Suppose has final states, where . We will show that can have only the following types of states: (a) at most states , where , and , (b) at most states , where and , and (c) at most states . Because is deterministic, there can be at most one state of in any reachable subset. If , it may be possible to reach any subset of states of along with , and this accounts for (a). If , then the set must contain and possibly any subset of , giving (b). It may also be possible to have any subset of by applying an input that is not in to to get , and so we have (c). Altogether, there are at most reachable subsets. This expression reaches its maximum when , and so we have at most states in .
We prove that the bound is met by the witnesses of Figure 4. We use the following result to show that all the states in the subset construction are reachable.
Suppose is a minimal DFA of , , and is a minimal DFA of . Moreover, assume that the transition semigroups of and are groups.
[(Sylvie Davies, personal communication)] If all the sets of the form are reachable, then so are all sets of the form
We now prove that the conditions of the lemma apply to our case. The initial state in the subset automaton is , state is reached by if , and is reached by . Also, is reached by .

If is odd, from we reach , , by words in .

If is even, from we reach with odd by words in .

From we reach by .

From we reach with even by .
Since and are reachable, so are all the sets of form by the Lemma.
For distinguishability, note that only state accepts in . Hence, if two states of the product have different sets and and , then they can be distinguished by . State is distinguished from by . If , states and are distinguished as follows:Use to reach from and from . The reached states are distinguishable since they differ in their subsets of .
3.2 Boolean Operations on Regular Languages
Suppose , where is some universal set. A binary operation is boolean if, for any , whether is included in depends only on the membership of in and . Thus there are sixteen binary boolean operations, corresponding to the number of ways of filling out the truth table below.
T  T   
T  F   
F  T   
F  F   
A boolean operation is proper if it is not constant and does not depend on only one variable. There are ten proper boolean operations, given below.
Although the complement of a regular language is usually taken with respect to , where is the alphabet of , the list above requires that denotes the complement of in a specific universal set which contains both and . We wish for to be the set of all strings over some alphabet, and it is most natural to have , where is the alphabet of . Thus, contrary to its usual meaning, every use of complement in the list of operations above is taken with respect to .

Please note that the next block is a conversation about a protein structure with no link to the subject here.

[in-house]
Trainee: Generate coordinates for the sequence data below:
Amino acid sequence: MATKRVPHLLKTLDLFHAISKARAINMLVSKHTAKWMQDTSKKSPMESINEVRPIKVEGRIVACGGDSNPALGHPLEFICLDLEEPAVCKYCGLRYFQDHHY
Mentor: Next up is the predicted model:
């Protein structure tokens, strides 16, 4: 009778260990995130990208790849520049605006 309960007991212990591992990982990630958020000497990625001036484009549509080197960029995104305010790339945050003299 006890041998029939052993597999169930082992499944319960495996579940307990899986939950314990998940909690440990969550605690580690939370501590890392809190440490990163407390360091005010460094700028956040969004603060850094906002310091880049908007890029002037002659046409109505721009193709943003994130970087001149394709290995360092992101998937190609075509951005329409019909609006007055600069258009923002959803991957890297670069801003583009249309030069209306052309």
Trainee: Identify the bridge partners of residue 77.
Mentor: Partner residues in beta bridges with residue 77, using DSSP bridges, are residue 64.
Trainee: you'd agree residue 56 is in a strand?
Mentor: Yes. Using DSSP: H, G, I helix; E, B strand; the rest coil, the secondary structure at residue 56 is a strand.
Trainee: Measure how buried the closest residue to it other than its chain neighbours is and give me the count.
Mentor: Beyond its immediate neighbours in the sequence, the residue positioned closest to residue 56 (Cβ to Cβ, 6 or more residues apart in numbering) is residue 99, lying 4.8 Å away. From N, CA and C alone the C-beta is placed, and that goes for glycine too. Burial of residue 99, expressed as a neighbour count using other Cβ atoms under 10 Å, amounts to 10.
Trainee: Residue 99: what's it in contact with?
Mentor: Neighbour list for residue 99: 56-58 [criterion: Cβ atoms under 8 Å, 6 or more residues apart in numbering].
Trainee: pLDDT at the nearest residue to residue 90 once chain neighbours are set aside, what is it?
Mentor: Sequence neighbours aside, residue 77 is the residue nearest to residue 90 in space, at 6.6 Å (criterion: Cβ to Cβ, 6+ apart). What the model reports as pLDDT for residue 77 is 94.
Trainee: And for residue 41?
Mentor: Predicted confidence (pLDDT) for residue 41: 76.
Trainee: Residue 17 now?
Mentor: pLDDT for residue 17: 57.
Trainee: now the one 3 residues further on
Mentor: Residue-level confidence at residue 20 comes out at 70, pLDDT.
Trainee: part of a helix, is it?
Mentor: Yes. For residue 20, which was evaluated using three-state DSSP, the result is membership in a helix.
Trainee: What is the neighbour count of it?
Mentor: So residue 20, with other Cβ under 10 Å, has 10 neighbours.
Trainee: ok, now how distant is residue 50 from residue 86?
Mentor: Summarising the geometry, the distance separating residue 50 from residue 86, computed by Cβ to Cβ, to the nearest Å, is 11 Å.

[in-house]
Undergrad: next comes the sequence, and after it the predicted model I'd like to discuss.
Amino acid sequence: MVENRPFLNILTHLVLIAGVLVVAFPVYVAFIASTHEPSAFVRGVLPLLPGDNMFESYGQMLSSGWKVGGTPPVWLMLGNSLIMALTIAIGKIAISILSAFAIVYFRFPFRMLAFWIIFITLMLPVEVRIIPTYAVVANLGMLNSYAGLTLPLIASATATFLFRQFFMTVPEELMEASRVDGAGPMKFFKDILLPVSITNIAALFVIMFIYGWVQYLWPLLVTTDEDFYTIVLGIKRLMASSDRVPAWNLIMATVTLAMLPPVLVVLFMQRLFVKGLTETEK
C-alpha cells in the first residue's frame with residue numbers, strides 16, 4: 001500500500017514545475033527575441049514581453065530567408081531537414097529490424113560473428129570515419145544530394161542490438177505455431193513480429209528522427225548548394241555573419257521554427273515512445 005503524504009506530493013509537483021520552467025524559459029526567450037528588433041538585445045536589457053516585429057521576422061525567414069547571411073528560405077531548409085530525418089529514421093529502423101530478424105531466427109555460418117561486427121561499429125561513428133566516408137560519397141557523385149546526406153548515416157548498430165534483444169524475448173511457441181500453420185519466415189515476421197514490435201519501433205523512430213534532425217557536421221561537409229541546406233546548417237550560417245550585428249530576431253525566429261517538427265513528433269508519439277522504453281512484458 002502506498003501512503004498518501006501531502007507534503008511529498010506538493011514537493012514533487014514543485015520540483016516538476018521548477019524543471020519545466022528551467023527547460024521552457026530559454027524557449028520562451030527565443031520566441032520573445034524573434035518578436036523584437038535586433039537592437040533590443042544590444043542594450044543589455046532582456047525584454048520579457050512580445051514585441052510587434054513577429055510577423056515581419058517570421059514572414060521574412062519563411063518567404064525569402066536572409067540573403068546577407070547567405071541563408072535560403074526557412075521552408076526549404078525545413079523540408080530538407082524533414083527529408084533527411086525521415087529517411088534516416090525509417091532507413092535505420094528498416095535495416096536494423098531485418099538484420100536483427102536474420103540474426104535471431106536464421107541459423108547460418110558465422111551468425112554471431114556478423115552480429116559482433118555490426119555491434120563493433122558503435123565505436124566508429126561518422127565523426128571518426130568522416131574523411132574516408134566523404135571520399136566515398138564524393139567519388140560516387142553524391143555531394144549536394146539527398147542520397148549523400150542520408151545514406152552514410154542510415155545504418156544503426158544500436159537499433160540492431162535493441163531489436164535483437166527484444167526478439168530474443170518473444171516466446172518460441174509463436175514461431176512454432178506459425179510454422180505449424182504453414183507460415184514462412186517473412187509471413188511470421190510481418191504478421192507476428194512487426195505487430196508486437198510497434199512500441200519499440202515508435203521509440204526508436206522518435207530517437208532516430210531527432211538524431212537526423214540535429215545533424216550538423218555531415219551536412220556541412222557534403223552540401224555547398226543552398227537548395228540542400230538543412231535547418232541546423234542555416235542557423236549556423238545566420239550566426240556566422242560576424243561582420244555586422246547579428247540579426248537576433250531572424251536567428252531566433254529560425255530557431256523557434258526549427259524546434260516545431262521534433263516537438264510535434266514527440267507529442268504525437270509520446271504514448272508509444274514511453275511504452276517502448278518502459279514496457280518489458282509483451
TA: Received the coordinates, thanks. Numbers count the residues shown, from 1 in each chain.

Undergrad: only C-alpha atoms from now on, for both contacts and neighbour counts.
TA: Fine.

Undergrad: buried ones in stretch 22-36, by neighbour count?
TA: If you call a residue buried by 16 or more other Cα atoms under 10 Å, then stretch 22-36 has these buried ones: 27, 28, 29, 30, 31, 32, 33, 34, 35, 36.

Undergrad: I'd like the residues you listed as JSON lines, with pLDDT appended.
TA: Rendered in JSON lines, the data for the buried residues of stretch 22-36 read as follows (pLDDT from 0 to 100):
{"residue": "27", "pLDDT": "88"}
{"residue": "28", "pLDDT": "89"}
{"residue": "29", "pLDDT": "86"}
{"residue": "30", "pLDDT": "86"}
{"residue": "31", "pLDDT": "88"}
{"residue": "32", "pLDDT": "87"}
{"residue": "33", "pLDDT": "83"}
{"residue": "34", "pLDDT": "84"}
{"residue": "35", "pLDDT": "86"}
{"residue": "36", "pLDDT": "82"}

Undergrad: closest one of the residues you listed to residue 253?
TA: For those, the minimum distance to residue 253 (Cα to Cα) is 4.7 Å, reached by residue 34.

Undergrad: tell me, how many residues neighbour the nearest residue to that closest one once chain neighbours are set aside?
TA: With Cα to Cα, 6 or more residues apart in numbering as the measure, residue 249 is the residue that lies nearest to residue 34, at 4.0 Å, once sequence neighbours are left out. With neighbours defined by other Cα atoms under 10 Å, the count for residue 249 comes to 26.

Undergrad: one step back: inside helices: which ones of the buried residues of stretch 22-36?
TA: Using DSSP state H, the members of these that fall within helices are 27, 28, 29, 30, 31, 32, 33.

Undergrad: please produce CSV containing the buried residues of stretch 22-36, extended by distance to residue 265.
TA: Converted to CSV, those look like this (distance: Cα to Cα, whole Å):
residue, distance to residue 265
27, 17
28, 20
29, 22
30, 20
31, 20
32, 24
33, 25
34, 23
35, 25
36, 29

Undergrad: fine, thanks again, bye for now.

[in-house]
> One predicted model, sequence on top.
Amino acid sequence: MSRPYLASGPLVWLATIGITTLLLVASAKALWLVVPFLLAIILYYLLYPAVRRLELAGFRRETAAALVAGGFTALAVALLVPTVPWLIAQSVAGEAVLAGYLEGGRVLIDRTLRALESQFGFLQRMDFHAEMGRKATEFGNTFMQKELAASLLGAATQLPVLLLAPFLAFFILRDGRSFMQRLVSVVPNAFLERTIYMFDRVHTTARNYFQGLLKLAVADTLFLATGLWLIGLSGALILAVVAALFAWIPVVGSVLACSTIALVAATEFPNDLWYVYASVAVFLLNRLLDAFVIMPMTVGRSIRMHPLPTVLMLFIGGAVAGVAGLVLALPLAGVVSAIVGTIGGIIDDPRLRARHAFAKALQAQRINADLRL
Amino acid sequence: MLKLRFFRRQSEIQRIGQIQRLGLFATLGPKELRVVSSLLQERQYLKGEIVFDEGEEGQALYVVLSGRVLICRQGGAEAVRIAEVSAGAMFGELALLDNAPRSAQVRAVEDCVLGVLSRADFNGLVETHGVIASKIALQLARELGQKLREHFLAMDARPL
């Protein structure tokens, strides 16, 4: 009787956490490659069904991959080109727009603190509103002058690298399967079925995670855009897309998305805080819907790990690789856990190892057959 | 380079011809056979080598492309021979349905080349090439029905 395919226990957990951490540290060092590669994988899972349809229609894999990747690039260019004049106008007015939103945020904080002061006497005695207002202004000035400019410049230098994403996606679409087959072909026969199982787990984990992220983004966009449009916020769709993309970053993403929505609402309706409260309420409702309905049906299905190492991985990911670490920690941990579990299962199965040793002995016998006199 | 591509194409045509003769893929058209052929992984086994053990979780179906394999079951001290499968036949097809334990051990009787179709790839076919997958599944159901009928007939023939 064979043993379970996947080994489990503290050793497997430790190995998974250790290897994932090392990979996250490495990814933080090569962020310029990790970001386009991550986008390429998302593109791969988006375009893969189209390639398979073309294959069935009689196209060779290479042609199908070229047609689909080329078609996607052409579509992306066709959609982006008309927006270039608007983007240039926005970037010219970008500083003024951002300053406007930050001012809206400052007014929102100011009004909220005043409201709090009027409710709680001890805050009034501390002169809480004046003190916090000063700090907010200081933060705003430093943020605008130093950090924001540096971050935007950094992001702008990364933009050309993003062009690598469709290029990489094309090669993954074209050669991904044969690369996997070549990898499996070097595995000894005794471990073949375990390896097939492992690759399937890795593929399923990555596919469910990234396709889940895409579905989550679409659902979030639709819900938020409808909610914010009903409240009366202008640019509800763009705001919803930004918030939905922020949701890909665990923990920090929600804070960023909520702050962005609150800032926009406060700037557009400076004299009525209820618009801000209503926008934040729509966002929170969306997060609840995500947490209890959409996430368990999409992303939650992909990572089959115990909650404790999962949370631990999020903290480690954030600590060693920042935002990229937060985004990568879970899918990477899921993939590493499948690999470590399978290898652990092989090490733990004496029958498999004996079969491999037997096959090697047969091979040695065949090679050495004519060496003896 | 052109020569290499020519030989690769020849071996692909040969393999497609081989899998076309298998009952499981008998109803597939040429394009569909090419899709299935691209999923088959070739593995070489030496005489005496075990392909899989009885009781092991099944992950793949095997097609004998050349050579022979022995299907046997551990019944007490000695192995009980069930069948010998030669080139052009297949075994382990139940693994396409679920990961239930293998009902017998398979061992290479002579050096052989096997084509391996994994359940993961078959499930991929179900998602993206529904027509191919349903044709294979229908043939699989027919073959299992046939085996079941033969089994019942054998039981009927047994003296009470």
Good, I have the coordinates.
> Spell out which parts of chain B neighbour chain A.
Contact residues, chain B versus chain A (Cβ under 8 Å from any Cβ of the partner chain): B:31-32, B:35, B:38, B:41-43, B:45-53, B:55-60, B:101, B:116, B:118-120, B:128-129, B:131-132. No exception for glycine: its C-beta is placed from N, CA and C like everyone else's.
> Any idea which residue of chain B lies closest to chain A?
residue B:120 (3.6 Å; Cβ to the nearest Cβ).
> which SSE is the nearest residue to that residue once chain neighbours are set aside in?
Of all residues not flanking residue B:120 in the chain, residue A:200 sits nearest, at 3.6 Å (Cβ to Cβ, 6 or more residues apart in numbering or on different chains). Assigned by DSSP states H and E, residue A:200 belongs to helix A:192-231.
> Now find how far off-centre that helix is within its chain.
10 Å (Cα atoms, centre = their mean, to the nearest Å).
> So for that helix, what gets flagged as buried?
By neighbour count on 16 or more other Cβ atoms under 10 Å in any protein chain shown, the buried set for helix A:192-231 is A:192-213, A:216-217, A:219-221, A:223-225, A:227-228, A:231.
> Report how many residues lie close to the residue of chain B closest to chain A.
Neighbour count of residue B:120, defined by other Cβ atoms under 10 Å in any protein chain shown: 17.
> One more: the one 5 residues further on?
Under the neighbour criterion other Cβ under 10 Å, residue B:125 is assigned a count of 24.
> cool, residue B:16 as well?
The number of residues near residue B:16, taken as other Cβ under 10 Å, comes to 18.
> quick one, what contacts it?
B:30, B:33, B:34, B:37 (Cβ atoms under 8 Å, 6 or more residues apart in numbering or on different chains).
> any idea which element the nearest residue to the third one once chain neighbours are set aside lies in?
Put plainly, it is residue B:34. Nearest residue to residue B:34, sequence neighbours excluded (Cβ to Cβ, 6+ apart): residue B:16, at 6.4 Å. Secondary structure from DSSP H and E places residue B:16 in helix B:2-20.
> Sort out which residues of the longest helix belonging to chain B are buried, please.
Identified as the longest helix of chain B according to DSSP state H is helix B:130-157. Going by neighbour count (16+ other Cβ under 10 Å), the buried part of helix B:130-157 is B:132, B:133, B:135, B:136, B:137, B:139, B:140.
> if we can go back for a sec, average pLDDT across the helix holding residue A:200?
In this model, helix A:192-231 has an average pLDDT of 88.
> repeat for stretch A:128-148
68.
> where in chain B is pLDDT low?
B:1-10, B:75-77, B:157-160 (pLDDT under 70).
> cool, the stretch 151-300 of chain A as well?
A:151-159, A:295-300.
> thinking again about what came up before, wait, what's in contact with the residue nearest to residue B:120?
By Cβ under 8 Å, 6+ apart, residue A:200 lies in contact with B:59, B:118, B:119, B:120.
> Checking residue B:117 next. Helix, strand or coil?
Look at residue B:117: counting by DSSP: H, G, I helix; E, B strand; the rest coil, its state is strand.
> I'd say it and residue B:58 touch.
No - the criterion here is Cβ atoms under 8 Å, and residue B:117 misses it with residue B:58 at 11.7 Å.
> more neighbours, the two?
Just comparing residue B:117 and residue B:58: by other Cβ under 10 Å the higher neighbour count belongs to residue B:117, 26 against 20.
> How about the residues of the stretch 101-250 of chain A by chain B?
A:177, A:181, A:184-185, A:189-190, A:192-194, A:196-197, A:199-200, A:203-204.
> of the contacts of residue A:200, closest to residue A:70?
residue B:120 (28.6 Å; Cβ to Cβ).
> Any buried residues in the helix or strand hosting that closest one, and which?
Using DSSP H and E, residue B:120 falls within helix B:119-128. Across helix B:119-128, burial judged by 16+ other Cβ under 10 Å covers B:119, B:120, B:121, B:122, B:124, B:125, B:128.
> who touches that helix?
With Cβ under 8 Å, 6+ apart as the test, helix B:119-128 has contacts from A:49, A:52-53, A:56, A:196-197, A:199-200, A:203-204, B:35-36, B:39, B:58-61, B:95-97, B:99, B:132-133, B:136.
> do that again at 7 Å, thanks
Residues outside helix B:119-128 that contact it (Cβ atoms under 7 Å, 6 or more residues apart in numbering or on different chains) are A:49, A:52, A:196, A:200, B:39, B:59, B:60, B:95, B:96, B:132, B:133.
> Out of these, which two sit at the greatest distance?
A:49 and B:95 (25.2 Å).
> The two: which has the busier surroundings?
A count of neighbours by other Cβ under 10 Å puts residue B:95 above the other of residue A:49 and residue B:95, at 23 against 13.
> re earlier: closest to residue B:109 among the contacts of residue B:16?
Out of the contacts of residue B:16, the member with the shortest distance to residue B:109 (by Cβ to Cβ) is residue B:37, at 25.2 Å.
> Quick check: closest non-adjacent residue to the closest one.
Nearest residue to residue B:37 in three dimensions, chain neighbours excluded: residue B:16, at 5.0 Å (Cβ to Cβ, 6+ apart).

We study the complexities of four proper boolean operations only: union (), symmetric difference (), difference (), and intersection (). From these four it is generally a straightforward exercise to deduce the complexity of any other operation: The complexity of is determined by symmetry with , and from De Morgan’s laws we have , , , , and . As discussed in Terminology and Notation, and differ by at most 1 for any regular language , and for any specific witness one can easily determine the discrepancy; for this reason we leave it as an exercise to verify that our witnesses meet the upper bounds for all ten proper operations based on the four operations that we address explicitly.
It turns out that the witnesses that we used for unrestricted product also work for unrestricted boolean operations.
[(Boolean Operations on Regular Languages)] For , let (respectively, ) be a regular language with (respectively, ) quotients over an alphabet , (respectively, ). Then the complexity of union and symmetric difference is and this bound is met by and ; the complexity of difference is , and this bound is met by and ; the complexity of intersection is and this bound is met by and .